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Enumclaw may soon be site of affordable housingBy Kevin Hanson

The Courier-Herald

Enumclaw residents down on their luck will have some much-needed housing options, if a plan hatched by the city's Housing Task Force comes to fruition.

Task Force members are hoping 16 units - currently listed for sale - can be purchased. The task force, with the backing of Enumclaw city government, has asked the King County Housing Authority to make the purchase.

Bob Baer, director of the city's Community Services Department, went before members of the Enumclaw City Council last month, explaining the situation. He reported a single property - containing four, four-plex units - had gone on the market within the city limits. The city task force had already provided details to the county agency, he said, and the county was involved in negotiations with the property owner.

The Housing Task Force is a fairly new group in Enumclaw, charged with identifying affordable housing needs in the city, as well as potential remedies.

Alison Haseman, who chairs that group, confirmed there's a definite need for affordable housing, and explained the two roles such a property could fill. There's a segment of the Enumclaw population, she said, that finds itself homeless and requires short-term housing in an emergency situation. A second group would be those who need affordable housing for a longer time, while they get their lives in order. This could include families where a parent is under-employed and unable to pay the type of rents found in Enumclaw.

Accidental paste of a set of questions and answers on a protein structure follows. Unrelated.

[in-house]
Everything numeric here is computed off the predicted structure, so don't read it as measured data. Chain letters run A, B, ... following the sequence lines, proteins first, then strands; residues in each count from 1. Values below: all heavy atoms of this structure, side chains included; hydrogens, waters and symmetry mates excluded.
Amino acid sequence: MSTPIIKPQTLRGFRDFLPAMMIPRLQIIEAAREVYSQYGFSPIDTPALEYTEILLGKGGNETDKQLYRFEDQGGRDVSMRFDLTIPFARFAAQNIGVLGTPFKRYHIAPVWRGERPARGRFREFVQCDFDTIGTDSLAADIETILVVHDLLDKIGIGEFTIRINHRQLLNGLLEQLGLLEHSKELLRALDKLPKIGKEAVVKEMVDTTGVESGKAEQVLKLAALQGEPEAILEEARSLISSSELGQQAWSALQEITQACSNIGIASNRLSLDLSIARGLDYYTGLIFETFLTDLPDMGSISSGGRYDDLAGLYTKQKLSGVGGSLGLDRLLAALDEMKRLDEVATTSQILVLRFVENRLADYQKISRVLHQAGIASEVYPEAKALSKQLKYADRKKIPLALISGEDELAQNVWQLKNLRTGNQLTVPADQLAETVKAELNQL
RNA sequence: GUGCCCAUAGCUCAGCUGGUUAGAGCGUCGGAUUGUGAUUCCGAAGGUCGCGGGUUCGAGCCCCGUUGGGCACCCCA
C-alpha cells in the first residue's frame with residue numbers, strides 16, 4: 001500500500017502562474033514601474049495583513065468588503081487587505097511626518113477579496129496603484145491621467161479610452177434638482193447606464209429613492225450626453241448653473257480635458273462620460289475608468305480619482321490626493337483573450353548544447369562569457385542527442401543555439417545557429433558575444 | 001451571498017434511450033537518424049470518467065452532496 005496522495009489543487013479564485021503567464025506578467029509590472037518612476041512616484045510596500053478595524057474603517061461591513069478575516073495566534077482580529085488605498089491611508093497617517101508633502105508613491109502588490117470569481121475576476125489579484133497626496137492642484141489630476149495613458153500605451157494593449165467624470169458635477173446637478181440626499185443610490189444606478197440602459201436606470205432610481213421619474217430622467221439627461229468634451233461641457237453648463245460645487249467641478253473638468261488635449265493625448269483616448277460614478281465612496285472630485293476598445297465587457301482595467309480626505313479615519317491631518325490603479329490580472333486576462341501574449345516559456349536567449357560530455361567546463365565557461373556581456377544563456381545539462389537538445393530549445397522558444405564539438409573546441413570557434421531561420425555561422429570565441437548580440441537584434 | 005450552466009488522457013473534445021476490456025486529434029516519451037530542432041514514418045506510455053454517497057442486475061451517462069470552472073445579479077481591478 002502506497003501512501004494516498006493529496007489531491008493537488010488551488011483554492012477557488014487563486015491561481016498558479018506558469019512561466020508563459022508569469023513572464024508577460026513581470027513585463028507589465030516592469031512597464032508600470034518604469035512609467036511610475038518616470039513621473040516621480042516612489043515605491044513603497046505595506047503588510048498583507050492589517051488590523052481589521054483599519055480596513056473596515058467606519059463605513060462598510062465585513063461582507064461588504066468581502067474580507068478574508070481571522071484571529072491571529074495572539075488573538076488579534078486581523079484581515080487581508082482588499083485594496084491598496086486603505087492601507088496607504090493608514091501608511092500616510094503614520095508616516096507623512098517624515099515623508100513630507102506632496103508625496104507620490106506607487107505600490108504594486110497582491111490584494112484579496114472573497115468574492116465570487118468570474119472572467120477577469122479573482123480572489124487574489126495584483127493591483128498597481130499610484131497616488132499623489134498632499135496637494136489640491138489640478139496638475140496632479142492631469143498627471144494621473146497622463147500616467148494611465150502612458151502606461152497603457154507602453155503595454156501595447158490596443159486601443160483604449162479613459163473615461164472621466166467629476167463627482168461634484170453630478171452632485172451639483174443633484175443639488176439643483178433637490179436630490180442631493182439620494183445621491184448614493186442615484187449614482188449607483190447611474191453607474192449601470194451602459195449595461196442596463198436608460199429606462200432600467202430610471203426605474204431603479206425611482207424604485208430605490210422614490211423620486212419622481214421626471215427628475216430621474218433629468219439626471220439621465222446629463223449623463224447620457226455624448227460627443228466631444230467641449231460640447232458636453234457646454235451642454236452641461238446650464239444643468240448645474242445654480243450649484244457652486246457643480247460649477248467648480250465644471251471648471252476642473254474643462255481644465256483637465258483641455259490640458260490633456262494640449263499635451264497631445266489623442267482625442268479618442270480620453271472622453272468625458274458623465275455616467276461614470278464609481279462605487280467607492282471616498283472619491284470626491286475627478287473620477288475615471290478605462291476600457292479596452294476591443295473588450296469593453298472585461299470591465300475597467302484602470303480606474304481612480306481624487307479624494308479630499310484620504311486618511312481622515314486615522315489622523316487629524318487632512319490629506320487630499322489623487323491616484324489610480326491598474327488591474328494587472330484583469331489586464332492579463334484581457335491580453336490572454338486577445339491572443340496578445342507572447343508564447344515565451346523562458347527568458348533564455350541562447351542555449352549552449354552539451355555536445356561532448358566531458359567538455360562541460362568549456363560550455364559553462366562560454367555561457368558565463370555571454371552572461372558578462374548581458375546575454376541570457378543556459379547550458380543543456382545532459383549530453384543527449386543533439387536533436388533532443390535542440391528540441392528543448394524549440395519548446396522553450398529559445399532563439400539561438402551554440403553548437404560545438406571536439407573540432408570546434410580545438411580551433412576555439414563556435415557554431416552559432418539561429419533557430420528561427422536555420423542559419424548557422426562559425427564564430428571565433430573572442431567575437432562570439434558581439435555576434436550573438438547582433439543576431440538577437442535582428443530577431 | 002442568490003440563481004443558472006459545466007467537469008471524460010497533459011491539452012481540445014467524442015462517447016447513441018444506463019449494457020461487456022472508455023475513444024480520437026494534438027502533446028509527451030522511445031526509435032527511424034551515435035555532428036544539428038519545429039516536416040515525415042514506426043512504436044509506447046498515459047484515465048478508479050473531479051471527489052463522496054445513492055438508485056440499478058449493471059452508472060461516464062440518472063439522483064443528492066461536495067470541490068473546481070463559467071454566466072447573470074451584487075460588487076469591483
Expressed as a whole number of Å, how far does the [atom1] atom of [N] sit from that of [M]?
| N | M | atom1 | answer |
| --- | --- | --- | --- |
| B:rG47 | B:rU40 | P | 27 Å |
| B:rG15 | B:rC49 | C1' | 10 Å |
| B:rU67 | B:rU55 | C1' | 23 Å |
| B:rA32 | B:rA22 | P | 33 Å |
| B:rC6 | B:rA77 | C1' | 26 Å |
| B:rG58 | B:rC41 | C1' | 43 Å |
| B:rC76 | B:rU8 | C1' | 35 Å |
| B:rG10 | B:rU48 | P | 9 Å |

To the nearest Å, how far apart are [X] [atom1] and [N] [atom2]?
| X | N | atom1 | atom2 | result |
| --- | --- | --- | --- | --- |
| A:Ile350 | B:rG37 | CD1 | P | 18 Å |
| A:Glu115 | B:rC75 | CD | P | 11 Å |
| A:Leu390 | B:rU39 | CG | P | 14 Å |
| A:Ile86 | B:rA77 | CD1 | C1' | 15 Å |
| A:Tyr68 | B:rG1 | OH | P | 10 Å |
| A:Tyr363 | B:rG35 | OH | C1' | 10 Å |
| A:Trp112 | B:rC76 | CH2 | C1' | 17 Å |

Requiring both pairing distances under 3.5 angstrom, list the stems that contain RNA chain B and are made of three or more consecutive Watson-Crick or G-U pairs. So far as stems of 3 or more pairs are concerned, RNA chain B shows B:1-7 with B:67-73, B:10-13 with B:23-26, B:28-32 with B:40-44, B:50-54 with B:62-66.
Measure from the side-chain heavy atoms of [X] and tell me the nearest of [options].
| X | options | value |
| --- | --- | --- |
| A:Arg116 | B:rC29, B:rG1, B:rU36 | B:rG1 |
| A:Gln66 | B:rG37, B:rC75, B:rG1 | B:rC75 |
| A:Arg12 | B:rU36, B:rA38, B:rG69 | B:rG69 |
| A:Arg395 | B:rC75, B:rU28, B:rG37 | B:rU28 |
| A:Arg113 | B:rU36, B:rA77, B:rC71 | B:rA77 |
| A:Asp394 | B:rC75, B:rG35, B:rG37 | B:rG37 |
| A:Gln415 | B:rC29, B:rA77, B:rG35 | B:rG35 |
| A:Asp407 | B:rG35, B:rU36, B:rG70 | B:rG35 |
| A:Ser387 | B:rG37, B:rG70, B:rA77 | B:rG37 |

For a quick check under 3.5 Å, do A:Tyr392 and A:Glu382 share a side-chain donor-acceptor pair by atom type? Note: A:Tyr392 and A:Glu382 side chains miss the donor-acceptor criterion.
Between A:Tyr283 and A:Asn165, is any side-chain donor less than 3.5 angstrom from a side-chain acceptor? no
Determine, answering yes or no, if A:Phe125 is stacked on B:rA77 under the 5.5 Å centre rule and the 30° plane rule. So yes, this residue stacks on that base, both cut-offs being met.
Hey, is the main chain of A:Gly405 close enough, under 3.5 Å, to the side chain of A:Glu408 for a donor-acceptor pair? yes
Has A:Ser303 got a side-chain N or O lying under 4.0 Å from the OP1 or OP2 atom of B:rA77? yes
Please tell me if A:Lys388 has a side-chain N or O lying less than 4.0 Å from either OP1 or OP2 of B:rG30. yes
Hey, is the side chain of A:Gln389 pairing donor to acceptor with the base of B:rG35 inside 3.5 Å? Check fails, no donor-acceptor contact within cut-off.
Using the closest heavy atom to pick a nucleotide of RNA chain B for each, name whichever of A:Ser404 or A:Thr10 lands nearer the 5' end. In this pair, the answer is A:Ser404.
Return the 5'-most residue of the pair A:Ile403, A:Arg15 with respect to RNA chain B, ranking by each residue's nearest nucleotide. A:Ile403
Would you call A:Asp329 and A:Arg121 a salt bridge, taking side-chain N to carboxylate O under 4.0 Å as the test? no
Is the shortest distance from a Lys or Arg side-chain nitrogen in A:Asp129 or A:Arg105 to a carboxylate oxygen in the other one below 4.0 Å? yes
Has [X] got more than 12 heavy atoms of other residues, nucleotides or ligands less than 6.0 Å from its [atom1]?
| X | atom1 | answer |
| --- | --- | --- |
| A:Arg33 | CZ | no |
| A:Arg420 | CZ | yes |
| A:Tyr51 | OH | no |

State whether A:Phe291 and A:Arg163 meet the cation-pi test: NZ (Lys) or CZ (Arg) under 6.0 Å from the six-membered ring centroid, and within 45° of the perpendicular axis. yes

The 16 units being considered, Haseman said, would meet both needs.

Haseman was quick to point out the current proposal would be designed strictly for permanent Enumclaw residents. The task force is hoping to make it clear the project is not aimed at attracting transient families to the city.

If the property is secured, Baer reported, the current 16, two-bedroom units would be reconfigured to 14 units; two of those would have three bedrooms to accommodate larger families. Ten of the units would be managed as affordable housing, he said, while the remaining four would be designated for "transitional housing." Income from the 10 would help support the other four, he said.

The city offered a letter of support and forwarded it to the King County Housing Authority. Currently, city officials and members of the Housing Task Force are awaiting a response from the county.

Kevin Hanson can be reached at khanson@courierherald.com

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